The "911 Good Samaritan" law provides immunity from prosecution for people who report an accidental overdose. The father of a young overdose victim believes it's a measure that will save lives.
Vanessa Porter was just 22 years old when she died of an accidental drug overdose. Her father says the young man who gave her the painkiller, Opana, didn't call for help because he feared legal consequences.
"I had to call 911 at midnight when she started having problems. No one knows for sure, but she more than likely would've been saved," said Vernon Porter.
Since his daughter's death more than two years ago, Porter has lobbied for the passage of Assembly Bill 472. People using drugs or drinking underage would not face criminal charges when seeking medical help for an overdose. Porter said the bill faced opposition because some lawmakers perceived it as condoning risky behavior. But it received enough votes to pass. The law takes effect Jan. 1.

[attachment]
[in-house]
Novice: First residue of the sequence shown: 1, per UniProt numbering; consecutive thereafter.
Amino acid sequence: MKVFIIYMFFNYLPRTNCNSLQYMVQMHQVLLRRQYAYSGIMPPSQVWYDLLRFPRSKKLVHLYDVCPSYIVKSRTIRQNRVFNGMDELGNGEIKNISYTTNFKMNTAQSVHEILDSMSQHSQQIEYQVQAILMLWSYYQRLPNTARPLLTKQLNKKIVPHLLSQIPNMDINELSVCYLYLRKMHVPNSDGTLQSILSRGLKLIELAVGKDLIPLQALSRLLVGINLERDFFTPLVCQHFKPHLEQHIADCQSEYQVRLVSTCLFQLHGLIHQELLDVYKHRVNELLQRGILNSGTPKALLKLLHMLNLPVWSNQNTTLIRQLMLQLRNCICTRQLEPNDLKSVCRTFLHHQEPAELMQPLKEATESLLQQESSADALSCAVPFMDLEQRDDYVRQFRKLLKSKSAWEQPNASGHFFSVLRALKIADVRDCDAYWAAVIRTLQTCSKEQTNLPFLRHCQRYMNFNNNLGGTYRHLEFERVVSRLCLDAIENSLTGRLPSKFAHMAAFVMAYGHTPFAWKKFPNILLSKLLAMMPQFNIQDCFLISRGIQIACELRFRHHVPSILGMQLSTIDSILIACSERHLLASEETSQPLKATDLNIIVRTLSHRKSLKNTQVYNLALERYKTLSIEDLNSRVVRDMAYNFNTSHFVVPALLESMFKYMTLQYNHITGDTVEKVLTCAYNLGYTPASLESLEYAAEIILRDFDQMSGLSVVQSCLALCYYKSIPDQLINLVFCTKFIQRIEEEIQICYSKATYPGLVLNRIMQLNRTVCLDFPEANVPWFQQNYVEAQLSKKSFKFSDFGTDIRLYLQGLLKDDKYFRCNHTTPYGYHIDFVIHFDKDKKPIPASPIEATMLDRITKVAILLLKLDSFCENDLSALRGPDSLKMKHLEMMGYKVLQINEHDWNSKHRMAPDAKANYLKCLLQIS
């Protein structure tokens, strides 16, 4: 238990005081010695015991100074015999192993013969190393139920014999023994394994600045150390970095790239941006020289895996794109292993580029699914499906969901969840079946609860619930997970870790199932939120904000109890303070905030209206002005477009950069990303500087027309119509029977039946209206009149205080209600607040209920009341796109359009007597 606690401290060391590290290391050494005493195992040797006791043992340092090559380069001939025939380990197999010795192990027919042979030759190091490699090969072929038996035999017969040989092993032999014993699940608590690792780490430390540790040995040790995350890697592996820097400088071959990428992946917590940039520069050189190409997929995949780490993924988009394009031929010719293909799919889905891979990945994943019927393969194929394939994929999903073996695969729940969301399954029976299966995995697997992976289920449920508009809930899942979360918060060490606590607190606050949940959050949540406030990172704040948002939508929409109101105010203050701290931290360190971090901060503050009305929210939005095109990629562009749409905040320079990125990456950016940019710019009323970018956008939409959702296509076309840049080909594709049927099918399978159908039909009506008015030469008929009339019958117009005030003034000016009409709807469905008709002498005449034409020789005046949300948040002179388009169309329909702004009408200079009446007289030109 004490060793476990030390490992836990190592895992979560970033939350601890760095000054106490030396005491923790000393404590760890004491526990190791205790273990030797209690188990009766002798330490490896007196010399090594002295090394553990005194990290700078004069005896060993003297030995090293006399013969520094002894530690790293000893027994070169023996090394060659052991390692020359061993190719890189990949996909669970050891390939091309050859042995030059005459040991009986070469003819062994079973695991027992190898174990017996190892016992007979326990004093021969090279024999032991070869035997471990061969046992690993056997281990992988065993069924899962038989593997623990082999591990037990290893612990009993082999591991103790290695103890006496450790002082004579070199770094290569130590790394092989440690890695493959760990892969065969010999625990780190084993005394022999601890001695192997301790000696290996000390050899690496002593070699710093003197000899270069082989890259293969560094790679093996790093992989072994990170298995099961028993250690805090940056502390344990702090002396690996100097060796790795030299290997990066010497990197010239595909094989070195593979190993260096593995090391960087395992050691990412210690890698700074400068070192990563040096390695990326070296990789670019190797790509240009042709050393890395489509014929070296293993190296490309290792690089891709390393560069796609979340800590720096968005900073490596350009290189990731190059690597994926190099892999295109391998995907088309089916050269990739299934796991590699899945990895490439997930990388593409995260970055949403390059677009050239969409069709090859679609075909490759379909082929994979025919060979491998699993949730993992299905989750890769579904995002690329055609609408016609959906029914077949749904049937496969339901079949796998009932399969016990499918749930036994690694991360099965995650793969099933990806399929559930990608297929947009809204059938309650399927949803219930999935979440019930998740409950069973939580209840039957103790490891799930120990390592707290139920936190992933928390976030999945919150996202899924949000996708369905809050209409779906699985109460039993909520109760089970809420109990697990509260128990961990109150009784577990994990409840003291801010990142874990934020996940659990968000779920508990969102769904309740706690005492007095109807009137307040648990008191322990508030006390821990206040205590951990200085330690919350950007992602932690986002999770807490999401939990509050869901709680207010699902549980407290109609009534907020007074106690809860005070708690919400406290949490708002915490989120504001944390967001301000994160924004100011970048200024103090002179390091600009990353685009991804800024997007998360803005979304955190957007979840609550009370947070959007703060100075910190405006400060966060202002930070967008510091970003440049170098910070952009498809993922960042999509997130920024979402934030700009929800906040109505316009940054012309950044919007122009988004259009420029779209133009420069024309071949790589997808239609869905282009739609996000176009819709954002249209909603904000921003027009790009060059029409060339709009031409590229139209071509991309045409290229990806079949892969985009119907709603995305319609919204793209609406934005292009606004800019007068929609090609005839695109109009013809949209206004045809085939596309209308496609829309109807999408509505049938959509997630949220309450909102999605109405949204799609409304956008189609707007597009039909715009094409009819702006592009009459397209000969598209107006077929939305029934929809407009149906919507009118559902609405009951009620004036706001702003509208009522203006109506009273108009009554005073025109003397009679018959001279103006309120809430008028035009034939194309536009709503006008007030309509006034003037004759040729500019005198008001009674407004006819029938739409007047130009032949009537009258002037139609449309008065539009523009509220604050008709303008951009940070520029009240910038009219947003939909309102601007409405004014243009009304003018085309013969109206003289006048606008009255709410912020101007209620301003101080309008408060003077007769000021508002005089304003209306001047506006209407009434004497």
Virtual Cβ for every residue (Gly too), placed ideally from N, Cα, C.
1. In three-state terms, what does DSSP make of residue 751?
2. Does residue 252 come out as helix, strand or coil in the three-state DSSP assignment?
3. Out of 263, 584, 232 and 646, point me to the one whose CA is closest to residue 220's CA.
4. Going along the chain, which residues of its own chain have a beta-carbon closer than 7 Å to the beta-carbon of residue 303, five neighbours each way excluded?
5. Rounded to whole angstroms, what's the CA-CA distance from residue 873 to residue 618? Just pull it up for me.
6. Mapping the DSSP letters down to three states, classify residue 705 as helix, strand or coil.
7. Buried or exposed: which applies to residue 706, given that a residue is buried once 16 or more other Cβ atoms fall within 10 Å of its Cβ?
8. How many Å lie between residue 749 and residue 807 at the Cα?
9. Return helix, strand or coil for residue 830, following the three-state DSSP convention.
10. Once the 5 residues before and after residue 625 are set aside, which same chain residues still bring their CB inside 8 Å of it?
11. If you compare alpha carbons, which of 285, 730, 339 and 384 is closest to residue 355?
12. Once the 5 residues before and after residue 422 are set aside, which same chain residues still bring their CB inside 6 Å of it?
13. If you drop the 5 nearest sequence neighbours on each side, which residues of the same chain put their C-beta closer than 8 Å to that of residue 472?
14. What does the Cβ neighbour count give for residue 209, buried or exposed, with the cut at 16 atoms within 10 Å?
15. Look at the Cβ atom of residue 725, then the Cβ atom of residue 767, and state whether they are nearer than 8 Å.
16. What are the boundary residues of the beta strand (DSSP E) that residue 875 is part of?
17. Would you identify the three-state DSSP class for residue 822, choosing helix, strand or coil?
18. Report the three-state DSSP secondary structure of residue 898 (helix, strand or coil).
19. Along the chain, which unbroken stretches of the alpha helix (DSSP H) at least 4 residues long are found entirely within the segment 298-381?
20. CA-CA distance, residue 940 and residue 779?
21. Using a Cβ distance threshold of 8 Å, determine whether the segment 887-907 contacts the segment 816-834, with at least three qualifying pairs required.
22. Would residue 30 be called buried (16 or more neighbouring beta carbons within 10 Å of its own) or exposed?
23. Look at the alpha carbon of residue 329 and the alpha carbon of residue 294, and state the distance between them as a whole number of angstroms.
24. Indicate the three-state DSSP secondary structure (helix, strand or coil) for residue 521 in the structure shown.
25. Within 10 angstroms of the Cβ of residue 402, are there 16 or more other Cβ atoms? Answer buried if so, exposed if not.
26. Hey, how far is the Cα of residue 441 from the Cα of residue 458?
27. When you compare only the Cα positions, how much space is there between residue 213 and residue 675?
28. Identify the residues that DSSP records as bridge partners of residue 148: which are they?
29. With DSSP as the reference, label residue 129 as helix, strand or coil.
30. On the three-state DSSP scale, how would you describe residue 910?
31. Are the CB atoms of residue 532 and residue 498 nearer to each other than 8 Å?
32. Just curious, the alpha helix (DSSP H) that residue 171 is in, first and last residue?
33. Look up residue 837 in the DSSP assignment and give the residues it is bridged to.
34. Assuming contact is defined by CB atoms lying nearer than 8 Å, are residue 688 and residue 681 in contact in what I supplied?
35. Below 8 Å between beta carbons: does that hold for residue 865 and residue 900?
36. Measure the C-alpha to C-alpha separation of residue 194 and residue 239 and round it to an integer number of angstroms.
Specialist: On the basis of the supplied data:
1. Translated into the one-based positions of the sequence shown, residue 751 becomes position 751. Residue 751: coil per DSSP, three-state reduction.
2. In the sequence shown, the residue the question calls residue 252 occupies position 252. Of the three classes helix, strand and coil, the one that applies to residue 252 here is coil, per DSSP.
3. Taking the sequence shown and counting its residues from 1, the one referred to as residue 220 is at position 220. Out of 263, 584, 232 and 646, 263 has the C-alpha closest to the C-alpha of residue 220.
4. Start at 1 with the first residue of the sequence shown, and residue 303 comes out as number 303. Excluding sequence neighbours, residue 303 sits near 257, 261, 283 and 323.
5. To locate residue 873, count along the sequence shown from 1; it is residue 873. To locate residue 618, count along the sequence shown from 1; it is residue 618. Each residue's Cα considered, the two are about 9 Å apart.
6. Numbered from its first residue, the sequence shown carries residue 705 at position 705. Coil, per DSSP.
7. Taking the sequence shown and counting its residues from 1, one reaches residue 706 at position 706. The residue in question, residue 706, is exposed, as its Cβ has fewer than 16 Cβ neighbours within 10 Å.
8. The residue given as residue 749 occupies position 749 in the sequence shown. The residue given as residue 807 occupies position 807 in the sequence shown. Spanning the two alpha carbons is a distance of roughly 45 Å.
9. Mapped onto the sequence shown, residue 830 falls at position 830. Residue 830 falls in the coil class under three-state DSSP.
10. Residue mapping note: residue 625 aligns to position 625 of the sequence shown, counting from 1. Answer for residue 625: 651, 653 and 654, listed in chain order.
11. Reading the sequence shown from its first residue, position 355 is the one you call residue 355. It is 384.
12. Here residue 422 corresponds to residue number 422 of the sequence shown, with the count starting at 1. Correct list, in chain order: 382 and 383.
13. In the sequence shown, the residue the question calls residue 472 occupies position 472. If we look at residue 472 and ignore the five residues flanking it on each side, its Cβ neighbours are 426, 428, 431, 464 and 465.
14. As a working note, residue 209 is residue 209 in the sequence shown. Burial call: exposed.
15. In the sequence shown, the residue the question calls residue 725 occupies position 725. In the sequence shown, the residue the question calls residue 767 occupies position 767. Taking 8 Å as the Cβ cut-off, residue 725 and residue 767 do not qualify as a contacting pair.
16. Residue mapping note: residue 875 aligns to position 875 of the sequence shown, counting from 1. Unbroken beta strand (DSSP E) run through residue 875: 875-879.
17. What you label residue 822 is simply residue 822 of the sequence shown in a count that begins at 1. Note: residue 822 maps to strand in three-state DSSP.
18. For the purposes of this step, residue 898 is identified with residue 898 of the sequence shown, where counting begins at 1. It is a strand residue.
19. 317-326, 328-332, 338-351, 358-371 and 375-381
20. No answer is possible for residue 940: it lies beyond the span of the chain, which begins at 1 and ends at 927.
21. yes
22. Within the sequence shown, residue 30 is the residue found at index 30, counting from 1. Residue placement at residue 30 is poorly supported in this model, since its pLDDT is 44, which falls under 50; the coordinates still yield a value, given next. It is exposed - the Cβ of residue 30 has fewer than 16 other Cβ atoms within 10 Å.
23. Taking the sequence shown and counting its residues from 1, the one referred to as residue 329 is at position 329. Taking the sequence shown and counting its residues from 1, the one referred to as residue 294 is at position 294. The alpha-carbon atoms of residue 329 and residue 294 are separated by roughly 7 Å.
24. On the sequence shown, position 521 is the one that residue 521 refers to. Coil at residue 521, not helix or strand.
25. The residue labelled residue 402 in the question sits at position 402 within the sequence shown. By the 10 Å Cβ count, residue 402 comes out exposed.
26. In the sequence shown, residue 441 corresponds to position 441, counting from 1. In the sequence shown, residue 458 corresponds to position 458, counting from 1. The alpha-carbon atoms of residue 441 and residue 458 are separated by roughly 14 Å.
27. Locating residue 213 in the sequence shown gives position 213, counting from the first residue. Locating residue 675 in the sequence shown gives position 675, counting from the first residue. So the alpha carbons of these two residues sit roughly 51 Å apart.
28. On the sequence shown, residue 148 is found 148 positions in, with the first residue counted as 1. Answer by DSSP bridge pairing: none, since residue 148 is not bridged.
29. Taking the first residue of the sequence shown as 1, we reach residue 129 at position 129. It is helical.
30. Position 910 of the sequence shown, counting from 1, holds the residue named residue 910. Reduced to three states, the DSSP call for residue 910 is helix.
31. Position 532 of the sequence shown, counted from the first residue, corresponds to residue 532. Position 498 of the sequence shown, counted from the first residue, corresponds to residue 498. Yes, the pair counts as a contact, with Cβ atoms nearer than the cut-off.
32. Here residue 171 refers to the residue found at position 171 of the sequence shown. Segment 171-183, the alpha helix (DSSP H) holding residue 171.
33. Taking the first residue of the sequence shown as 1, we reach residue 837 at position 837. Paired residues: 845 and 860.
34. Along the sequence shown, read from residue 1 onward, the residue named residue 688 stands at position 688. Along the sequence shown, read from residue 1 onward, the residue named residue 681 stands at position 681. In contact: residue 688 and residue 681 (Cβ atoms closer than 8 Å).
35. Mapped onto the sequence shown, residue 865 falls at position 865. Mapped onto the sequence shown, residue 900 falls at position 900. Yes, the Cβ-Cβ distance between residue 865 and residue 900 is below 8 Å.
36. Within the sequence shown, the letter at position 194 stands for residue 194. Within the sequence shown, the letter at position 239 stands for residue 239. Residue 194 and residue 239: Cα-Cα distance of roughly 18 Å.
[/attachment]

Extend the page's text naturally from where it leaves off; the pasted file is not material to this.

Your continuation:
"A lot of weeping, a lot of rejoicing, because we know moving forward, the potential for saving lives is here," said Porter.
Nearly one in 10 high school seniors say they've taken the painkiller Vicodin for non-medical purposes. Prescription drug overdose deaths in the U.S. now outnumber traffic fatalities. Porter says by educating young people about the new law, lives will be saved and they can get the help they need to overcome drug addiction.
"My daughter was not here for very long, but it was her loss that actually motivated our family and many other families to get engaged in this, so that moving forward, other families don't have to endure this tragedy," said Porter.
California joins other states that already have laws on the books, including Washington state and New Mexico.